Thames Barrier - 30th Anniversary
The 8th May 2014 marked the 30th anniversary of the official opening of the Thames Barrier by Her Majesty Queen Elizabeth II.
Dick Tappin, Consultant for Rendel, who joined the firm in October 1967, was a member of the original design team for the Thames Barrier.
Dick wrote the following article which was published in New Civil Engineer on 27th March 2014.
Time for Thames Barrier 2?
"Don't panic: The Thames Barrier is good until 2070 and beyond"
I am confident that, provided the Thames Barrier is properly maintained, it will continue to protect London from tidal surges until the year 2070 and beyond.
You may say that as a member of the original design team, “He would say that wouldn’t he”.
The arguments presented in favour of a Thames Barrier 2 (TB2) are:
- the original barrier was designed to protect London to 2030 and, since a replacement could take 15 years, TB2 should be initiated now
- climate change was not discussed in the 1960s, thus the barrier will be subject to higher surges than those for which it was designed;
- the barrier has now reached its limit, having been raised 50 times in the 2013/2014 flood season.
Design levels for the barrier for a 1,000 year return surge for 2030, were derived in the late 1960s on the basis of the limited information then available. It was therefore necessary to be appropriately conservative.
The design level used related to increasing sea surges, to sea level rises, coincident fluvial conditions, the tectonic movement of the south east of England, and the sinking of London on its bed of clay. The levels so derived and used in the design may now be compared with those using today’s state of the art modelling techniques and the considerably better data available.
These show that the flood levels we used in the 1970s were overestimated by 500mm – equivalent to about 40 years of sea level rise under current predictions. Thus the design tidal surge level estimated for 2030 is now that appropriate for 2070. Also relevant, the Rising Sector Gates (RSGs) may be rotated beyond the nominal 90° level to withstand higher surge levels.
Detailed inspections of the steel gates have been made in recently, and the structures and their protective systems have been found to be in excellent condition.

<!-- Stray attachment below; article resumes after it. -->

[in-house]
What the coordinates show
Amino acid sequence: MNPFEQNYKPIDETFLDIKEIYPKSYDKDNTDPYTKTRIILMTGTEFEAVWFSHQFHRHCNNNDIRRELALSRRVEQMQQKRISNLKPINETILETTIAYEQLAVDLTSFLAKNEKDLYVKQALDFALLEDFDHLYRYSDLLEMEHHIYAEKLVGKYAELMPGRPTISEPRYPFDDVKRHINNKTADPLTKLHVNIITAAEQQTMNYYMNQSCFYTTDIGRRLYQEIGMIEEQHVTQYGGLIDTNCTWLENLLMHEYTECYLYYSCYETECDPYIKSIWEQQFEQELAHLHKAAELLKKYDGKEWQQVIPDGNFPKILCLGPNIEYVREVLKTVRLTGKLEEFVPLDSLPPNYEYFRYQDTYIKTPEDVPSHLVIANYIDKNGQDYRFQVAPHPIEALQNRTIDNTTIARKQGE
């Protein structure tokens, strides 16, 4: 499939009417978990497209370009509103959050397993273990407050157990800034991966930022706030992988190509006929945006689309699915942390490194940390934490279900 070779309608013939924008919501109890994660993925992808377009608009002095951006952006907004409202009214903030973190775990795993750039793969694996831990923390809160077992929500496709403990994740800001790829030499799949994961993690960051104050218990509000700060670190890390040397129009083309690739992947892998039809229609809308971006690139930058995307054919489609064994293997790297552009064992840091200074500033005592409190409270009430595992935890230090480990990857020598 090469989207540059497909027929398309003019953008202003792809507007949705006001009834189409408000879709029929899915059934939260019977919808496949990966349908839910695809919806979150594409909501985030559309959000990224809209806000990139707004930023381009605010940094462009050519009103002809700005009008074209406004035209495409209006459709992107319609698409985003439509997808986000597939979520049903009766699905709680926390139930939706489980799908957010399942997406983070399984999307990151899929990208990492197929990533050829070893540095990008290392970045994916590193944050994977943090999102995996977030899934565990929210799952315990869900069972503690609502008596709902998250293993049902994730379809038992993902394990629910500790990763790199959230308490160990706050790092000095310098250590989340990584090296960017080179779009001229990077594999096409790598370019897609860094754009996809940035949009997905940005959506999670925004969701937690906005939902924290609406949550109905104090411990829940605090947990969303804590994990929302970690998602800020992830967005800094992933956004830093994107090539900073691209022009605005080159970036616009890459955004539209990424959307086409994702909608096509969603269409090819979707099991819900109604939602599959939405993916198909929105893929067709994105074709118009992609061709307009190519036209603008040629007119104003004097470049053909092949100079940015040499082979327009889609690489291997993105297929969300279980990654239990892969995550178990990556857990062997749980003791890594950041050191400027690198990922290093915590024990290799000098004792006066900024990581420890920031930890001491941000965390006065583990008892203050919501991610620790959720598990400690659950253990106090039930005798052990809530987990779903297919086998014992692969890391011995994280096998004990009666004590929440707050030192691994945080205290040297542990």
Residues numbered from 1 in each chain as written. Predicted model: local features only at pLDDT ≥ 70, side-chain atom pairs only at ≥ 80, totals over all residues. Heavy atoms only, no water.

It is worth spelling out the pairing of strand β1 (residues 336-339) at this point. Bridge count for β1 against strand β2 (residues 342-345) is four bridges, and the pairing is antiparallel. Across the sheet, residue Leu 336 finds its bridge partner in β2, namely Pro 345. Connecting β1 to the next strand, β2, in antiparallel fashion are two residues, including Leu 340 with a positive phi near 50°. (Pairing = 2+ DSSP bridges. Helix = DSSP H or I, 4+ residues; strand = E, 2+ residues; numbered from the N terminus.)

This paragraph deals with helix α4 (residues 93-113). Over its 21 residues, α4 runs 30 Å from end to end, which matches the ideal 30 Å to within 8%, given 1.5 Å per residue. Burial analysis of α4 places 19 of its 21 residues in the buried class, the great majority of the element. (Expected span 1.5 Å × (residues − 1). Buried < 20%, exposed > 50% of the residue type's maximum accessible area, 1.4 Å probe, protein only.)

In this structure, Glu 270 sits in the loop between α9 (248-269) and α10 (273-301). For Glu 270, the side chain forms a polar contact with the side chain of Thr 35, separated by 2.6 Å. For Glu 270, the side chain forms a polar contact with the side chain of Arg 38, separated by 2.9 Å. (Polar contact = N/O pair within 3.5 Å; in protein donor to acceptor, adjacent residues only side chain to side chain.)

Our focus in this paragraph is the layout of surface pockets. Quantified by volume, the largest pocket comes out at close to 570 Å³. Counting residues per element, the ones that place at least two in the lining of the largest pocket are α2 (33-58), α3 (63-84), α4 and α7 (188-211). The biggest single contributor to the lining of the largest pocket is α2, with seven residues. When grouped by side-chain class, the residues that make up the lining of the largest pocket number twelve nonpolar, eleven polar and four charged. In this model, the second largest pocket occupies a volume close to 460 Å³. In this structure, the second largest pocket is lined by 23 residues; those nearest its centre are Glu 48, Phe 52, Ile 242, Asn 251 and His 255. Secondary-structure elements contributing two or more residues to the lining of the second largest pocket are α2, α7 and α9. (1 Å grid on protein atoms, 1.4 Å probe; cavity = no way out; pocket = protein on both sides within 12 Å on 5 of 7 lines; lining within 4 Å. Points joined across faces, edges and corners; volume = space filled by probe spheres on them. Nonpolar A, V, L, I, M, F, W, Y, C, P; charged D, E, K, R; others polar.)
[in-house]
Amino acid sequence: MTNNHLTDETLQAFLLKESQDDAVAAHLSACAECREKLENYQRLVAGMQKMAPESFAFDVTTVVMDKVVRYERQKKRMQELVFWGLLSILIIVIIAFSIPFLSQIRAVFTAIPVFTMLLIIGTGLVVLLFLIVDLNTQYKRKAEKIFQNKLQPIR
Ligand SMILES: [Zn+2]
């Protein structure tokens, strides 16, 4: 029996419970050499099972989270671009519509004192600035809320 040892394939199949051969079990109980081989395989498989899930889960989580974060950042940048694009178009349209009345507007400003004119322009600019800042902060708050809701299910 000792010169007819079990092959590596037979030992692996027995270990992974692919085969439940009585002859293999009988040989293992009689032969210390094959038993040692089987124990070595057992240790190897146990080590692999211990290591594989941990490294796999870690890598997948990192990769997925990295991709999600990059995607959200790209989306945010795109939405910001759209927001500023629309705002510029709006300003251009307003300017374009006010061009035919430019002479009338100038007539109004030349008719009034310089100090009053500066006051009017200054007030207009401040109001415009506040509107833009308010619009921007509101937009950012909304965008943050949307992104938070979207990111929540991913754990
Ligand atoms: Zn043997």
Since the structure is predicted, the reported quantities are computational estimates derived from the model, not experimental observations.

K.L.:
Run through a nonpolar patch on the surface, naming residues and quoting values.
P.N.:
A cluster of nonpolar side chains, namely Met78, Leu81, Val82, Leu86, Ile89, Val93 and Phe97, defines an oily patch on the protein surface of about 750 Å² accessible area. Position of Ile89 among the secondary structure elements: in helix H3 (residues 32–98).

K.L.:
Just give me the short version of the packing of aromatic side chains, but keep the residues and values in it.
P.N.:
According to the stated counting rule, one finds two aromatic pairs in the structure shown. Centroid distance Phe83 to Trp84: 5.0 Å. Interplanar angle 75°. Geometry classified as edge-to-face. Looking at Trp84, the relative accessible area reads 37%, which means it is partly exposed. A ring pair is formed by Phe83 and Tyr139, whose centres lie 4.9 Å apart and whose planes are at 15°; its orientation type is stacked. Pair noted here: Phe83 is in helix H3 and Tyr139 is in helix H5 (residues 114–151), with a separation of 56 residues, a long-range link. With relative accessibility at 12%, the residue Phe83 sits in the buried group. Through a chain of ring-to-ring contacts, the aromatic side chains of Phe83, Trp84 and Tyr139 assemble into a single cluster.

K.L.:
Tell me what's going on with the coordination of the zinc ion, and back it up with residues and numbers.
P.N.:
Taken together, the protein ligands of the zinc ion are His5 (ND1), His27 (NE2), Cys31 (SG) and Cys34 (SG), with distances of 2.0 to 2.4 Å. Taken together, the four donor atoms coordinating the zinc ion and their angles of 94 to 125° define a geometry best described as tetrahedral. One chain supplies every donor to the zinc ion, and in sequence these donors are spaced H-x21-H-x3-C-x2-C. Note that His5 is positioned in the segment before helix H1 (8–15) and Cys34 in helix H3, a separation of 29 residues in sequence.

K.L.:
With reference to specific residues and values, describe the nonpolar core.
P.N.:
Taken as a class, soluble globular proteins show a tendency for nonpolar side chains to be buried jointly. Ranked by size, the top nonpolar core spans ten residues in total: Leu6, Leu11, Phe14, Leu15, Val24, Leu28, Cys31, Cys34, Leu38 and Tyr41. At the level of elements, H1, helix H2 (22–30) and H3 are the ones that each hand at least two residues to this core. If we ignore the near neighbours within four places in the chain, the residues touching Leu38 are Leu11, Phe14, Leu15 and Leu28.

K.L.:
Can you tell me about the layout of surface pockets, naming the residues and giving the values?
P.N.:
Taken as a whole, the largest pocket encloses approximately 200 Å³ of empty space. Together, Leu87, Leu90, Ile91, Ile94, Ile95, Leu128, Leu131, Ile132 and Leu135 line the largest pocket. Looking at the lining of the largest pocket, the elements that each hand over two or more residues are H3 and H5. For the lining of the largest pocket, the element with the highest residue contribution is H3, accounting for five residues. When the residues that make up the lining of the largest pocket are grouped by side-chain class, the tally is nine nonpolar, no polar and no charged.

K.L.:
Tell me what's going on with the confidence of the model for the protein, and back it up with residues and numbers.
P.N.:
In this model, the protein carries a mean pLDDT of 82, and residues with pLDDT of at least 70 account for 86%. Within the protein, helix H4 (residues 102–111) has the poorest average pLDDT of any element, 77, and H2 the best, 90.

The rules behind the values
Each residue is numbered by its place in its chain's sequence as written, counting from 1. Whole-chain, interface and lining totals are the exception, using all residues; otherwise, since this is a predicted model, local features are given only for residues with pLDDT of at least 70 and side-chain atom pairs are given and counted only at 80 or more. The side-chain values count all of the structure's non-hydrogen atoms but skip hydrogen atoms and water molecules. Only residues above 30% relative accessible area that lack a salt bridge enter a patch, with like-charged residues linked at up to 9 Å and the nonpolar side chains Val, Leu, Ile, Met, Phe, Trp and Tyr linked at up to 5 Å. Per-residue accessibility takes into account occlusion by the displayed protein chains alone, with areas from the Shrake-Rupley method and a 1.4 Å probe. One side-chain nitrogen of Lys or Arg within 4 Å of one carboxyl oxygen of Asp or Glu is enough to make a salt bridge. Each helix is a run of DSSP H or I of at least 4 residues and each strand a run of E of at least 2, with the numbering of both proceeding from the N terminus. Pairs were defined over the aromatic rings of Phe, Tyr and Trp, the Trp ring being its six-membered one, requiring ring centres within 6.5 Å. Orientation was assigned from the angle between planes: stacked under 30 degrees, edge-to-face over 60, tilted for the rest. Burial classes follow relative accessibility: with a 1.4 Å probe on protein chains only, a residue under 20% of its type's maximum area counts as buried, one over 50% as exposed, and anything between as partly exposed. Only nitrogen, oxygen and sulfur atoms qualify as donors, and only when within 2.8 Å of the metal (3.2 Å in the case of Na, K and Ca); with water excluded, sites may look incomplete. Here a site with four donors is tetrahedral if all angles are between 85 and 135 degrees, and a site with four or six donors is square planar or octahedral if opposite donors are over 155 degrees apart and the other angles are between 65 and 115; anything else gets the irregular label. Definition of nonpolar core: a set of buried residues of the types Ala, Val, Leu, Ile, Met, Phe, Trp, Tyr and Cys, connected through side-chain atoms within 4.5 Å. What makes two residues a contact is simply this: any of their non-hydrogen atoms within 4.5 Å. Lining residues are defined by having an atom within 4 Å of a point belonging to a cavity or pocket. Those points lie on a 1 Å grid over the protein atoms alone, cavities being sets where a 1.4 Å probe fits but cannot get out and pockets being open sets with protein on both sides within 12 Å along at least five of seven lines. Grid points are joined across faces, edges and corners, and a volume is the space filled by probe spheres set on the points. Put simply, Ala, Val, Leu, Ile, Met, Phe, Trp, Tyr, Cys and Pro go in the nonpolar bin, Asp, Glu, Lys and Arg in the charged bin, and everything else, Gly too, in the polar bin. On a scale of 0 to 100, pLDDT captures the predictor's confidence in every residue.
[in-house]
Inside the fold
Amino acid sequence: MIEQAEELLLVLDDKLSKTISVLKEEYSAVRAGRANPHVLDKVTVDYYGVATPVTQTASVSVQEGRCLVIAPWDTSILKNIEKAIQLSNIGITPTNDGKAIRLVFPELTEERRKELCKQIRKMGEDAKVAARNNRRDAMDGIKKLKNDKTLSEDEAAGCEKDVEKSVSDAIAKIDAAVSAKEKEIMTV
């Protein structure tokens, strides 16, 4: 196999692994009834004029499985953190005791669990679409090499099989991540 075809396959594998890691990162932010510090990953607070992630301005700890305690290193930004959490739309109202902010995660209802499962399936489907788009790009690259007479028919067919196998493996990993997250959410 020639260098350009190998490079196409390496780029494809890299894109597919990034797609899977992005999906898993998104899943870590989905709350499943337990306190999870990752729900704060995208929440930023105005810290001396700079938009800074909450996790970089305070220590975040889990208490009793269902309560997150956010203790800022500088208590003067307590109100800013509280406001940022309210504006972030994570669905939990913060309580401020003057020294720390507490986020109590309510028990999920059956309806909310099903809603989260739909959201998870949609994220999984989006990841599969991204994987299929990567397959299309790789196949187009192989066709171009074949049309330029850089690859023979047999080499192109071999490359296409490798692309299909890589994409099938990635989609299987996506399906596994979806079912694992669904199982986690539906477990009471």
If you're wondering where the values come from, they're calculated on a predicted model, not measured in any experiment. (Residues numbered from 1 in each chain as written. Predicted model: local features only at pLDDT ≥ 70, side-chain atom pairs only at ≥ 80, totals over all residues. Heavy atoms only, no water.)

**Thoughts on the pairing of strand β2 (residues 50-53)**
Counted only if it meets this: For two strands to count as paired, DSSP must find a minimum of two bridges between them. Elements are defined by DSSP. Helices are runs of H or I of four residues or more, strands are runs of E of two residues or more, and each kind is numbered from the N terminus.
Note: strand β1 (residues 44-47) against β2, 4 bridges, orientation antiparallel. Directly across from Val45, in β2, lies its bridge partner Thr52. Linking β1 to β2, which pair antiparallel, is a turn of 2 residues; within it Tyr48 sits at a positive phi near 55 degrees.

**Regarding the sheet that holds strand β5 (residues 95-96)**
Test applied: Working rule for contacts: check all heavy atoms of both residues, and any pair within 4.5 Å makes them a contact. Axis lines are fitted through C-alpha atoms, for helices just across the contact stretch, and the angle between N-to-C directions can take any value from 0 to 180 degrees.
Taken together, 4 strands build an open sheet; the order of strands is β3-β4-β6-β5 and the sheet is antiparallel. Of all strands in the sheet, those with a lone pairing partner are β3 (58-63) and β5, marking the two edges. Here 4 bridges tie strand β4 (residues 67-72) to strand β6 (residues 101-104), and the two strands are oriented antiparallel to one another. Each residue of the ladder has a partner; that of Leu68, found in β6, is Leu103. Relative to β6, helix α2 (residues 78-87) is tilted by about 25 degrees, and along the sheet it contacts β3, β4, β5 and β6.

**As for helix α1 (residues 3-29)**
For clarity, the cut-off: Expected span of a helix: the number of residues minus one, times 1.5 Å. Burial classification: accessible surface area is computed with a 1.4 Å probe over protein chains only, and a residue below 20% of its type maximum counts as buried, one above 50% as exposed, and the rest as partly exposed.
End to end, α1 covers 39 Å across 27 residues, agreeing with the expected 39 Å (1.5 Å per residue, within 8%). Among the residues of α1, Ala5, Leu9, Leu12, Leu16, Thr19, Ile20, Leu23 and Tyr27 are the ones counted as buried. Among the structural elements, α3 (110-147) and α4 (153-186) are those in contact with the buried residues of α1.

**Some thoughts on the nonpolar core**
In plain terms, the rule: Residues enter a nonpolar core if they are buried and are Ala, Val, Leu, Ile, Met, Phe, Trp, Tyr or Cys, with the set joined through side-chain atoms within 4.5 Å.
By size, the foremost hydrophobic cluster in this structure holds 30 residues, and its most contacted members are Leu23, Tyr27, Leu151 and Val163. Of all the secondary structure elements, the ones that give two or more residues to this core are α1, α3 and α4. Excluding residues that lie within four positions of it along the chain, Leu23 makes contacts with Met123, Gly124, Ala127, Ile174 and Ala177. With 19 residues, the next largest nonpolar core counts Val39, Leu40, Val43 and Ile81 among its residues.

The argument that the barrier has reached its operational limit is apparently supported by the fact that while there were only four flood closures in the 1980s, the Barrier has now been closed to protect London from flooding 174 times, including 50 between December 2013 and March 2014 with 20 on consecutive tides.
The detailed study Thames Estuary 2100 recommended that the barrier should not be used for more than 50 tidal closures annually, to allow adequate time for maintenance. However of the 50 closures this year, 41 of these were for fluvial conditions. The Thames Barrier was designed as a tidal surge barrier, and its use in fluvial flood protection was never considered or anticipated at the time of the design. It has been suggested that this £1.6bn barrier, designed to protect central London should be used more sparingly to protect the few hundred properties close to the river in western London. Their’s was not the reason for Sir Herman Bondi’s recommendation to the government in 1967 that “a major surge tide in London would be a disaster of the singular and immense kind …. It would be a knock-out blow to the nerve centre of the country…”
The Thames Barrier gates were designed at a time of uncertainty, following the Koblenz, Milford Haven and Yarra steel bridge collapses of the early seventies. This required considerable diligence to ensure that they were designed within the level of confidence essential. A 1/6th scale steel model of a 61m gate was built at Imperial College and observed under loading to the elastic limit and then to collapse. The design, which required resilience to ship collision, is robust and efficient, developing 90% of the full plastic moment capacity of the gate section at collapse - 25% more than predicted by the codes.
Recent re-analyses of the barrier gates, including sensitivity analyses in relation to corrosion, gate operational angle, and differential head, confirm that they conform to today’s design standards.
The barrier has proved itself time and time again to be very effective, but it should be clear that it is first and foremost a tidal surge defence barrier. The Thames Barrier remains fit for purpose, and provided there is scope for proper maintenance, will continue to remain so to at least 2070.